The Mikuska Group  

The RFP shake-down

Why do charitable organizations think it’s appropriate to ask for a donation or pro-bono work in an RFP?

Not that we have any intention of responding to a request for proposal, but my blood still boils when I read an often used clause that goes something like this:

“X Organization is a registered charity which provides funds for research, programs and other activities which promote and advance the health of all members of the community. Our organization is able to engage the citizens of the province in philanthropy by working with donors and partner suppliers. As such, we ask that you please indicate your company’s interest in supporting our organization through philanthropy or sponsorship: e.g. direct discount, no-charge services, etc.”

I call it the RFP shakedown. Where else do you see the beginning of a business relationship where you’re already being asked to do free work (ok, I know graphic designers get this all the time, too) or give money back?

Consulting work is similar to philanthropy in that both are based on trusted relationships. When you engage a consultant, you’re making an investment in your organization. In turn, we provide guidance based on our experience and expertise, and we are fairly compensated for the value we bring.

If, in the course of our relationship, we are moved to make a donation, we may do so, and we often do. But don’t ask us to make that part of any proposal or contract.

Julie Mikuska.


Hits and misses from annual appeals

It’s that time of year again when I reflect on appeals received over the past year. As in the past, there were some good ones, some just okay and others truly awful.

Let’s start with what didn’t work:

Being too abstract. It’s really hard to get excited about inclusion and diversity. Or advancing learning and creativity. Or re-imagining our role as a museum. The problem is, I just can’t see myself in these concepts. I need stories and problems to solve.

The problem is too big. How can I “bring help and hope to millions of people living with drought”?   Yikes, how will my $10/month solve that?

The ask is to buy a calendar, become a member and help achieve the same goal as last year. No appeal to my heart or my desire to a make a difference in the world. And no, I’m not buying calendars for my friends and family. And I don’t care about helping you raise $6,000.

Using statistics to show impact. “We give away over 190,000 bowls of soup and 240,000 cups of coffee each year.” Interesting statistic – is that good or bad? What’s the problem to be solved and how can I, as one person, make a difference? Better to tell me a story about someone who comes for soup and coffee.

Telling a story but failing to tell me I’m the hero. A few organizations have jumped on the storytelling bandwagon without closing the loop and putting the donor in the story as the one who’s making any success possible. Remember – the story is the vehicle to tell donors about the difference they’re making in the world. Not the difference the organization is making.

And now with what did work:

Liberal sprinkling of YOU throughout the letter. Key to getting my attention!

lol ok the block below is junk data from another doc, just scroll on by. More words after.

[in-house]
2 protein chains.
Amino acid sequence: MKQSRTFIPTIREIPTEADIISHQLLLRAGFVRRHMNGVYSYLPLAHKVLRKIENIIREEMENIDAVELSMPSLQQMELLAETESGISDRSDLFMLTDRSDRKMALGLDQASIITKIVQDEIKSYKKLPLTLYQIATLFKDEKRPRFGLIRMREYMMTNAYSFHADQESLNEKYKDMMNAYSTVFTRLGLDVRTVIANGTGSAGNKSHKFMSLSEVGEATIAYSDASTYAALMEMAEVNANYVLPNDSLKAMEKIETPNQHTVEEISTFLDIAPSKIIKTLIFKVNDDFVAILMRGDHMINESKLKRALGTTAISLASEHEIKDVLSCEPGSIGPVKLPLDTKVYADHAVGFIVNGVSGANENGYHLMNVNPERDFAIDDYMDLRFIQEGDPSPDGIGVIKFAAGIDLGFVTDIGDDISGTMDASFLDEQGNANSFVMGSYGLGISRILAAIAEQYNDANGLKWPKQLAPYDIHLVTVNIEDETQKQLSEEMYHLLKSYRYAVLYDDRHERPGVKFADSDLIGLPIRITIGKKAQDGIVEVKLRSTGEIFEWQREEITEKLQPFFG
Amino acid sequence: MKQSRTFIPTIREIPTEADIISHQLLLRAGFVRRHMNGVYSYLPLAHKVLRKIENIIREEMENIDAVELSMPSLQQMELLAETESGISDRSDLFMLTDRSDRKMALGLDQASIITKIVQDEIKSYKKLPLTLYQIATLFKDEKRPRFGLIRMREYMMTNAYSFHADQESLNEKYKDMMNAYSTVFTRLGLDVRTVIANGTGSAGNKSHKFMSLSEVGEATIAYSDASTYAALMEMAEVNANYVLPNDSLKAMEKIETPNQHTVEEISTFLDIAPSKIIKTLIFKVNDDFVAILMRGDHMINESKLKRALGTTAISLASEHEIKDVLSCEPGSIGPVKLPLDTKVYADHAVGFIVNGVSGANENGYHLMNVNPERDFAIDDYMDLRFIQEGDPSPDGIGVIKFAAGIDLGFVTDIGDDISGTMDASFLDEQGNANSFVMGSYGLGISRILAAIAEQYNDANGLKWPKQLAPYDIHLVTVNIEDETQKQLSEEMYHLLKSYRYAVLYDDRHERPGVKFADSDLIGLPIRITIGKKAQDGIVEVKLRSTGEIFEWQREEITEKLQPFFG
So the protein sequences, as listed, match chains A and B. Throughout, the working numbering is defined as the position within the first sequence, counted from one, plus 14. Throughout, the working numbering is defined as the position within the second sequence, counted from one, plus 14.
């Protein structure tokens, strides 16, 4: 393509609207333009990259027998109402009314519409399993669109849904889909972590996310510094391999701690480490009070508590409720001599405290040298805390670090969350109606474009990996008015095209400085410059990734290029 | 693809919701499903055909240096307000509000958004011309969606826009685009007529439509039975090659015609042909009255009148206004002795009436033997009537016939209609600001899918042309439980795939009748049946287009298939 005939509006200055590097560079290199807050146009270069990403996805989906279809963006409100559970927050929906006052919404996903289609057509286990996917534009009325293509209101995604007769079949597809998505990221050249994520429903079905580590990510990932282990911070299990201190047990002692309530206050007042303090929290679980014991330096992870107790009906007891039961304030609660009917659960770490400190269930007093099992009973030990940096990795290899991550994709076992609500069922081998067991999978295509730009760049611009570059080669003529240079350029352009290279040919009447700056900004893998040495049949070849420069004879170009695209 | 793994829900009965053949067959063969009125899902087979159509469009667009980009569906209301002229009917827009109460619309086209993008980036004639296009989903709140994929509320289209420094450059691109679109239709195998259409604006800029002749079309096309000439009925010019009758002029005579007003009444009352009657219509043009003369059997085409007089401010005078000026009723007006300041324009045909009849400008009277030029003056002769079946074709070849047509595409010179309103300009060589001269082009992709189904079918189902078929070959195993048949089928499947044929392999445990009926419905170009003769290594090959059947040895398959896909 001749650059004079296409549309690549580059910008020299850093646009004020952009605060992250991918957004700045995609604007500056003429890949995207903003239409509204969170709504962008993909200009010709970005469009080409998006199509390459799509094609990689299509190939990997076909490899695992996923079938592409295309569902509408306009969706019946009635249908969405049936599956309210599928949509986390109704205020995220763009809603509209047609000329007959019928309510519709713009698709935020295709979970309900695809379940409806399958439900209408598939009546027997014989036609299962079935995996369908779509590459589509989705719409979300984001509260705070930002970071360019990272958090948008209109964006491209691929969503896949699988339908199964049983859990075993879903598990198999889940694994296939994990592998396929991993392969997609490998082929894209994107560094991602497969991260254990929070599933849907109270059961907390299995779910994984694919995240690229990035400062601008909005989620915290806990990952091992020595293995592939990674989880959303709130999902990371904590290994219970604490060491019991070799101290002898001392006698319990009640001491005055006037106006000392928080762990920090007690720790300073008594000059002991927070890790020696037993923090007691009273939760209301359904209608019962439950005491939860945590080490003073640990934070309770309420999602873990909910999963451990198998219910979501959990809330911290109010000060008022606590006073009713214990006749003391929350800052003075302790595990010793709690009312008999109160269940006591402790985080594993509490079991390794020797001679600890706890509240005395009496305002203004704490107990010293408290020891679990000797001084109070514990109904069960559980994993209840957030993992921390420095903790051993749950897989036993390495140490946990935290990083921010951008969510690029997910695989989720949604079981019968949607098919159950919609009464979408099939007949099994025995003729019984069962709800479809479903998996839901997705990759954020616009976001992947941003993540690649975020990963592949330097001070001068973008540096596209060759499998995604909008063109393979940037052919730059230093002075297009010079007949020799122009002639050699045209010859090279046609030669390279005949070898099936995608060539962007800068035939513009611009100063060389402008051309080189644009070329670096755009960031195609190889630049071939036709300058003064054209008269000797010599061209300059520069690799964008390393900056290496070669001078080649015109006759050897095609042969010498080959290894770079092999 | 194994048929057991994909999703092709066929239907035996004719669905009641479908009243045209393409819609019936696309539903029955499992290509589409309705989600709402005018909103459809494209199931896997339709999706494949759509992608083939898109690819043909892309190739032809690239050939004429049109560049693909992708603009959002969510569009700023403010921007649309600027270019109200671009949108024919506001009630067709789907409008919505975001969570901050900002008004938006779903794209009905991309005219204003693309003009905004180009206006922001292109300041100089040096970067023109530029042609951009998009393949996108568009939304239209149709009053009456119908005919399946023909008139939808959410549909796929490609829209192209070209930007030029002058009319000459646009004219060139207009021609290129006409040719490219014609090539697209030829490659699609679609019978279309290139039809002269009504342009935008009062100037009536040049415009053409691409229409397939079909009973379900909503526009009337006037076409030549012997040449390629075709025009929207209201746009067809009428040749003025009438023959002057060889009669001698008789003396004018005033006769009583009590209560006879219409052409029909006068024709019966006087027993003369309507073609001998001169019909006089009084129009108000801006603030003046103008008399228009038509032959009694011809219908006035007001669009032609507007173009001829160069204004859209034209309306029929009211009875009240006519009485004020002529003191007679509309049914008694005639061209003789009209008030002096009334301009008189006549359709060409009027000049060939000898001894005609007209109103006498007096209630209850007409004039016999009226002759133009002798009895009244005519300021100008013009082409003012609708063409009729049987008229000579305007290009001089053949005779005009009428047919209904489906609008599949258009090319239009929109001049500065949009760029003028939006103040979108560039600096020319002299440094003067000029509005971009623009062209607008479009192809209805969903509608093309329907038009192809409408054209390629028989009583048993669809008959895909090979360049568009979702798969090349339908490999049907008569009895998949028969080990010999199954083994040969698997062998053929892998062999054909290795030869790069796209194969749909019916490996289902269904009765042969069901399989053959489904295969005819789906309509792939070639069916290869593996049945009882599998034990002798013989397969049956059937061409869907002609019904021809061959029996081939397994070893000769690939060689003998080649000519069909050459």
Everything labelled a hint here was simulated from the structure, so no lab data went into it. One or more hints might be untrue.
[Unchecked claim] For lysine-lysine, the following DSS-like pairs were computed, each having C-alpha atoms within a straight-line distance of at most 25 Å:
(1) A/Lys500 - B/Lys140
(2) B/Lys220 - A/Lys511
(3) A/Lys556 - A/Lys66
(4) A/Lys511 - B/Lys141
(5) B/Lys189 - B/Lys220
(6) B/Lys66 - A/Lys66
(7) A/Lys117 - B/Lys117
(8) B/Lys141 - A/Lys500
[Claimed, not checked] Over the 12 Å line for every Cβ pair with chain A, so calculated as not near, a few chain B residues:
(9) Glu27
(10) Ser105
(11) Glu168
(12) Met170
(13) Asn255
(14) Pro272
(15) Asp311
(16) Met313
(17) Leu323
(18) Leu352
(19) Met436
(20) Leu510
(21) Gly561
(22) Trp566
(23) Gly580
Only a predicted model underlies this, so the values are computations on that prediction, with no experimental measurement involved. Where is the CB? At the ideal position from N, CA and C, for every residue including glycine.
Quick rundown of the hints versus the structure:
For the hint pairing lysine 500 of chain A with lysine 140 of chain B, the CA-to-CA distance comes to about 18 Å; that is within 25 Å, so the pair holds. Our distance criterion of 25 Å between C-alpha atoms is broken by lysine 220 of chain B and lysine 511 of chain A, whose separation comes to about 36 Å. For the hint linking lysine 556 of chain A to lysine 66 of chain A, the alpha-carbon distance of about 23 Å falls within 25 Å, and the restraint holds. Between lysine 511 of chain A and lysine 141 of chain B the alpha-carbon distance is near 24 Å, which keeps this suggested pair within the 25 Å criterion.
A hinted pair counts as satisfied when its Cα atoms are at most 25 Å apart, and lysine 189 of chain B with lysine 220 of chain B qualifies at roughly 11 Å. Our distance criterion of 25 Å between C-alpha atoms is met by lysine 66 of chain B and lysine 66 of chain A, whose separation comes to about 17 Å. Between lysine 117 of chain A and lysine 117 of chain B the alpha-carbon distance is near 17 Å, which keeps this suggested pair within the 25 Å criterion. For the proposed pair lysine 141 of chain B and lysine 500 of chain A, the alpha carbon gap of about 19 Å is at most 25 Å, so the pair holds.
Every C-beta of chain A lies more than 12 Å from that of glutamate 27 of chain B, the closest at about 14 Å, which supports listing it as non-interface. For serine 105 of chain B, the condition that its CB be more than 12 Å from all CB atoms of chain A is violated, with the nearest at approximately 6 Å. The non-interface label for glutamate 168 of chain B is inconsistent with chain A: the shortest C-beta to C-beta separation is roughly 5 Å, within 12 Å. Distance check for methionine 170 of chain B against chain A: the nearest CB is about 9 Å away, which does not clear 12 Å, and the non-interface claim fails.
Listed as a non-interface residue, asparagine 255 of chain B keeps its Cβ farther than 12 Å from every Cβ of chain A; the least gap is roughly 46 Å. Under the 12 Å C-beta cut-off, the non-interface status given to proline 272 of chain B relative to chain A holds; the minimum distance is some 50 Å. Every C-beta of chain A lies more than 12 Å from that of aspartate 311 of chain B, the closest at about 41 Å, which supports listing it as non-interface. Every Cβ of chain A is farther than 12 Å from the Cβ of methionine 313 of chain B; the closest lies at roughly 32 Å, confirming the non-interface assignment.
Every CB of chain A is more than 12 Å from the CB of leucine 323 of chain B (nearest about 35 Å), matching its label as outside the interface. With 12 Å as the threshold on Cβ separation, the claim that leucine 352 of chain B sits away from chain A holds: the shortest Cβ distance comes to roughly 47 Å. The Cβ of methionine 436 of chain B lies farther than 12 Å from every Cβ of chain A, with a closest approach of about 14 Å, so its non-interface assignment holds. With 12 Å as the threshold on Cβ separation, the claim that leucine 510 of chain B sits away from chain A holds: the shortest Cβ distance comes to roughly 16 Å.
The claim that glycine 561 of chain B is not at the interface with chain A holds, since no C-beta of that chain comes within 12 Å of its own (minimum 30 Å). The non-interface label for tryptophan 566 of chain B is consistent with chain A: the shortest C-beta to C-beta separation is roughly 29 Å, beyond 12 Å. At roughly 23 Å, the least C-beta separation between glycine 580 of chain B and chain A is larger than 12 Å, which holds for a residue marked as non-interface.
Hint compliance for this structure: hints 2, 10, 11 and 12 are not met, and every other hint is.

• We can all be proud of our museum and what the future holds, thanks to you.
  • Your support is the wind (and wind-machine!) beneath our wings – we could not enjoy our success without you.
  • You know that something so simple – learning to cook – can be life-changing.

Strong calls to action.

  • You can help. Join me, with a monthly gift of $10, $15 or $25.
  • Click here to donate now.
  • I am asking you to join me and once again give your most generous donation. A gift of $50, $75, $100 or any amount you can give would be greatly appreciated.

There’s still a lot more that you can do in your appeals. Tug at my heartstrings, make me mad, make me sad – get a reaction!

Julie Mikuska.


Insurance is not just for you

A tragic story out of Cuba this week underscores the importance of having the right travel insurance for your needs – and also for the needs of your family and loved ones back home.

The death of two parents is hard enough to bear. Add to that the necessity to ask others to help pay for bringing their bodies home makes the situation much harder. Figuring out how to bring loved ones home is even harder.

Most reputable insurance companies offer plans that will cover the cost of bringing remains home, as well as a help line staffed 24 hours a day, 365 days a year. They will help arrange for the return home, but also will cover costs to have the body prepared and the cost of standard casket or urn.

Insurance can also cover the cost of sending someone to identify the body including airfare and some expenses, including covering that person with emergency medical insurance.

Even in a medical emergency with a less tragic outcome, the assistance centre can provide a number of services, including but not limited to:

  • a referral to a doctor, hospital or other health care provider
  • monitoring your emergency and keeping your family informed
  • translation and interpreter services
  • arranging for return transportation home when medically necessary.

Of course, no one goes on vacation expecting not to return. But consider that your insurance is bringing peace of mind to your family. The devastating impact of any medical emergency goes far beyond the person in medical distress.

Consider your insurance an investment in your family’s well-being.

Julie Mikuska.


Blog Archives

Articles By Category